‘New model’: How Florence and Venice plan to rebuild tourism after the coronavirus crisis

The mayors of Venice and Florence, Italy's world-famous cradles of art and history, published plans on Monday to help them rebuild on a "new model" of tourism.

'New model': How Florence and Venice plan to rebuild tourism after the coronavirus crisis
People at Florence's Ponte Vecchio in 2018. Photo: ANDREAS SOLARO/AFP

The plans, set out in a nine-page booklet, include more policing and more funds for public transport, but also better regulation for guides and for short-term accommodation rentals.

READ ALSO: Five crowd-free alternatives to Italy’s tourist hotspots

In the Decalogo, or “ten commandments” which was sent to the Italian government, the mayors set out ten things they would like to see happen as travel restarts. 
The two cities urged the government to give them more powers to regulate the tourist industry when travellers eventually return.
Their ideas could be adopted by other parts of Italy, he said, adding: “As soon as the borders reopen after the coronavirus emergency, the country must be ready.”
Even as most of Italy entered a new lockdown on Monday, Mayor of Florence Dario Nardella spoke of the need to look ahead to “a new model of tourism also linked to enhancing, promoting and protecting cities of art”.
Among the changes they called for was more power to limit the spread of Airbnb in their cities.
“The short-term rental phenomenon needs to be better managed, with clearer rules nationally,” the document reads, saying some operators were “hiding a business behind a rental” meaning the had an unfair tax advantage which allowed them to undercut registered hotels.
A street seller sets up at St. Marks’s Square, Venice. Photo: ANDREA PATTARO/AFP.
It also recognised that the unregulated tourist rentals can “generate problems in the area,” particularly if they are apartments in a residential building.
They also suggest limiting some commercial activities aimed at tourists and “preserving the craft and neighbourhood shops in the historic centres”, by limiting new store openings to those selling high-quality local produce and crafts, and bringing in rules on shopfronts to improve the appearance of city streets.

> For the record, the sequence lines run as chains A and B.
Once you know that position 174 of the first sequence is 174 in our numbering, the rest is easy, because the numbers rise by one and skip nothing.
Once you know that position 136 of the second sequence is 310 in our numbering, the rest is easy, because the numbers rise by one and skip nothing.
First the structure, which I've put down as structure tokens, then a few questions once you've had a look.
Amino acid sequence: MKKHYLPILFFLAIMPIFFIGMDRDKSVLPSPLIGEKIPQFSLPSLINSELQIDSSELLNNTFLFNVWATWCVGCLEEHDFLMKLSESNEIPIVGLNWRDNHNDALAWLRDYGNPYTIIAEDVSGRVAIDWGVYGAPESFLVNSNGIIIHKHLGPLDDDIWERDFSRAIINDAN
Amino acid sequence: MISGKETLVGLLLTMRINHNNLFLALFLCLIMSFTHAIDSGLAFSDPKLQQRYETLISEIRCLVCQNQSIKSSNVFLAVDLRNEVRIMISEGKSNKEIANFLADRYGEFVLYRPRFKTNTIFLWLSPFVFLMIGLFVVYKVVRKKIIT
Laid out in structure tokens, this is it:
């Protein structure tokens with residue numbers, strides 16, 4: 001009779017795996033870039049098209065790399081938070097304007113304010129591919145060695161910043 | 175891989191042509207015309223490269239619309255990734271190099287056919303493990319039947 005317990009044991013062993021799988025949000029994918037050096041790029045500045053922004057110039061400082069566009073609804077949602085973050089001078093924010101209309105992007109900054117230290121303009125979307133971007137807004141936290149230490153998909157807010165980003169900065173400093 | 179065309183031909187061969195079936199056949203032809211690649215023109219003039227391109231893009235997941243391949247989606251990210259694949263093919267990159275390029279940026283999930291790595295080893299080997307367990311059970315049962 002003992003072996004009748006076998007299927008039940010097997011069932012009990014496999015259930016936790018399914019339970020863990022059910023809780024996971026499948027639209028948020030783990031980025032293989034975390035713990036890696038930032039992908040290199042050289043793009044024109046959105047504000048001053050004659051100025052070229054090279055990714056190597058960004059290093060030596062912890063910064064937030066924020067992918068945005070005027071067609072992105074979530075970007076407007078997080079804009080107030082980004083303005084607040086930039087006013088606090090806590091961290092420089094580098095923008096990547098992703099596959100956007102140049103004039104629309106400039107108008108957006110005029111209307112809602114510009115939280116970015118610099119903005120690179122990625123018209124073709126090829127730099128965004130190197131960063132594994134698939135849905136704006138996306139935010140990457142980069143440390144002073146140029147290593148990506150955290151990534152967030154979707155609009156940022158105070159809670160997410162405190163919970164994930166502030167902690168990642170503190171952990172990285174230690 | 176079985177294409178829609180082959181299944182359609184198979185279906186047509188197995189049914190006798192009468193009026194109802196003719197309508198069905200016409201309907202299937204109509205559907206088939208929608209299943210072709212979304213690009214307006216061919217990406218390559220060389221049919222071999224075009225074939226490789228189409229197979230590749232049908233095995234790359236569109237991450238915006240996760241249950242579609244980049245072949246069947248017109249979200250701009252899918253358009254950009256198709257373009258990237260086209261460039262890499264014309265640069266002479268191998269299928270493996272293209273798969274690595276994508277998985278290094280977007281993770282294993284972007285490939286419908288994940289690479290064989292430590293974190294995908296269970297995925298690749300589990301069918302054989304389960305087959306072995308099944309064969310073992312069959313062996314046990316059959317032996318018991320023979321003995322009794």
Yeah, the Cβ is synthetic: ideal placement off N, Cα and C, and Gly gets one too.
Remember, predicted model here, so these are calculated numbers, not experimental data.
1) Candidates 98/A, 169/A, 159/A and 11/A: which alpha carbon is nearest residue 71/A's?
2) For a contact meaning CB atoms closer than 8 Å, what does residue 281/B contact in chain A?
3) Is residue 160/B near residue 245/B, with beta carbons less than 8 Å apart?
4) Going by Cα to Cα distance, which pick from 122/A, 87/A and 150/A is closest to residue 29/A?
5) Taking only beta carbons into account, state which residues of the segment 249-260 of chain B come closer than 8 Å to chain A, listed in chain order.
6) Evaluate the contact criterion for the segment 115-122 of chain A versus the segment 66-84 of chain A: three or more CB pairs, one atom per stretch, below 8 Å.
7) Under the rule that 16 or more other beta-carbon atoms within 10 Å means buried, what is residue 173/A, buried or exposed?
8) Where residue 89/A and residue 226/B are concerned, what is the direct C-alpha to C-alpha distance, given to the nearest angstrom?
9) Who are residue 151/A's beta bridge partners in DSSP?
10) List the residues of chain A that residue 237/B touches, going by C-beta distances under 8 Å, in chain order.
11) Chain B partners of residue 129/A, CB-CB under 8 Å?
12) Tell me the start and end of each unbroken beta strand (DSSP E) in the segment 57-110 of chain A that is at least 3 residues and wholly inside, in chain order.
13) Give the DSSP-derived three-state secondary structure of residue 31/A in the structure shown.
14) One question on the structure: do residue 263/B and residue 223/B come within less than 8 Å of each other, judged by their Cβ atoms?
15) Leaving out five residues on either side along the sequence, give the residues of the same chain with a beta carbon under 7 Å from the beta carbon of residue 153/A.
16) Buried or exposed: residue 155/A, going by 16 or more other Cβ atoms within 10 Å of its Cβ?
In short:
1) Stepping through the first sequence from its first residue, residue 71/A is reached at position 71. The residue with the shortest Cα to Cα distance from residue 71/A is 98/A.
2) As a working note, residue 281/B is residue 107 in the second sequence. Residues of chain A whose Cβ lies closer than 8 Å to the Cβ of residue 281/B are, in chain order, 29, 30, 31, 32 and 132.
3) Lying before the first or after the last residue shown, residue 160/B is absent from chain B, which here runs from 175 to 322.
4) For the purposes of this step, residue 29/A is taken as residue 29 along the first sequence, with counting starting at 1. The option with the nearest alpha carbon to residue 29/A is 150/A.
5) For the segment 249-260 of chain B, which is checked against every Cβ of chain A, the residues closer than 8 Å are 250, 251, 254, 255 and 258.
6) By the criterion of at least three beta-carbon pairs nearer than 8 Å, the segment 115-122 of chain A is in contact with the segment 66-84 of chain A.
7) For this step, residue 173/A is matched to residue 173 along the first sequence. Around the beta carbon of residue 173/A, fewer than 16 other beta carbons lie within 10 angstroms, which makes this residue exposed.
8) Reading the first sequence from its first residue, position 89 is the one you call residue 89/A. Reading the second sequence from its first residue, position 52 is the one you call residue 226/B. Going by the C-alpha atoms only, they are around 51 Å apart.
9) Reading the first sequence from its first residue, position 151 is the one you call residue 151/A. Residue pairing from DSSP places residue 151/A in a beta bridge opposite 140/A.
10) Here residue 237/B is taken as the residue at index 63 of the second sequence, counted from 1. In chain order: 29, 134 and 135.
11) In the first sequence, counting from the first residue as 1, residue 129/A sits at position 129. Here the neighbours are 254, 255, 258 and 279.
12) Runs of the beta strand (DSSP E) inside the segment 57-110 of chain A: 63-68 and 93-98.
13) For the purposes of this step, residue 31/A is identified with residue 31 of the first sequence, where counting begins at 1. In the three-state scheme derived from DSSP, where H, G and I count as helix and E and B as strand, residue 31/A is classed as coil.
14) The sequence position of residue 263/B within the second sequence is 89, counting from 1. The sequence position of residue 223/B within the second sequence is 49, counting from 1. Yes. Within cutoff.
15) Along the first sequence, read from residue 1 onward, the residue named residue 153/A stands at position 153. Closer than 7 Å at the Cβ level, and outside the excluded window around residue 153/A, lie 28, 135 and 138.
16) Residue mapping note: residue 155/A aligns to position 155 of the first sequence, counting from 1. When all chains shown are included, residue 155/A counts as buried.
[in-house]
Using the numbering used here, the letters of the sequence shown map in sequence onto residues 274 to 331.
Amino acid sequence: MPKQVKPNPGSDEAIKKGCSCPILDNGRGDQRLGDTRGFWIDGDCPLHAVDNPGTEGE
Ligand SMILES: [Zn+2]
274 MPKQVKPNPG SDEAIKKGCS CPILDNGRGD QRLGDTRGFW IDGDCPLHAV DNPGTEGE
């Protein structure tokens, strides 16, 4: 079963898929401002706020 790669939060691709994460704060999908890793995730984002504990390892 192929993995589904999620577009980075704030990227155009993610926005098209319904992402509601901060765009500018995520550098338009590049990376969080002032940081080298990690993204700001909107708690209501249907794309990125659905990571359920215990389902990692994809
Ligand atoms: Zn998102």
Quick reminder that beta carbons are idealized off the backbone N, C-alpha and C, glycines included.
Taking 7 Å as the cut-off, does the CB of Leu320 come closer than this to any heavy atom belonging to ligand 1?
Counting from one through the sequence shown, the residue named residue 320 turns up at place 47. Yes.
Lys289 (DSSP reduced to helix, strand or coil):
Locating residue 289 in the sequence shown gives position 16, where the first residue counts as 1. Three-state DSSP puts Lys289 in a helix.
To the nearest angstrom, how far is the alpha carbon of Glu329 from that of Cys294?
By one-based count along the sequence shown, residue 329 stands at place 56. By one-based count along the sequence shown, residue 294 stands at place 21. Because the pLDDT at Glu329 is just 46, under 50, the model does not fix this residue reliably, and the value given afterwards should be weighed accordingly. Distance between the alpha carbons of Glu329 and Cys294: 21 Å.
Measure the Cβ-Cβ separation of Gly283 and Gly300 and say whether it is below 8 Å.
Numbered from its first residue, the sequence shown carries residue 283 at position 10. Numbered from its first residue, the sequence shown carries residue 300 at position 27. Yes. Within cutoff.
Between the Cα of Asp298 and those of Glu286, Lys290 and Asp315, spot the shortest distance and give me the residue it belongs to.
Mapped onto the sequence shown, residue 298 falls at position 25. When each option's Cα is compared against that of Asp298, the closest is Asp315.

They also suggested stricter regulations for tour guides and banning “free tours”, where guides work for tips and are often unregulated.
The document said businesses run by “unskilled” and unregulated operators “weaken the country’s overall tourism offering”.

The mayors wrote that they also wanted instant fines for visitors caught vandalisng the cities’ streets or monuments, as well as “smart control rooms with increased video surveillance”.

IN PHOTOS: Italy’s cities fall silent under new lockdown

“The idea was born after listening to the speech of President Draghi on the day of his inauguration, in which he touched on the theme of the cities of art and the need for a new model of tourism”, said Nardella.

Venice mayor Luigi Brugnaro emphasised that as “ambassadors of Italy in the world”, their two cities must lead the way.

Crowds mass at the Rialto Bridge, Venice in 2018. Photo: Venezia Autentica

Mass tourism had only been set to keep growing in Italy in recent years, leading to widespread concerns about whether cities like Florence and Venice would be able to cope.

In Venice, increased tourism had long been blamed for a rise in petty crime, from littering to vandalism, and the lagoon city famously struggles with pollution from the large number of cruise ships docking in the lagoon.

Before the pandemic, the centres of Italy’s most famous cities were usually swamped by tourists – so much so that they had in recent years brought in a range of measures aimed at reducing the ill-effects of mass tourism.

Authorities, tired of what they saw as bad behaviour from tourists, had cracked down on offences ranging from outdoor snacking in central Florence to cycling shirtless and brewing coffee in the street in Venice.


Venice last year also delayed the planned introduction of a new tourist tax, intended to help cover the costs of keeping the city clean and safe after years of problems caused by overtourism.

Authorities in the canal city said the levy, targeted at day-trippers excluded from an existing tax on tourists staying overnight, will now not be implemented until 2022.
The city had just installed new ‘people counting’ technology as the crisis hit in February 2020.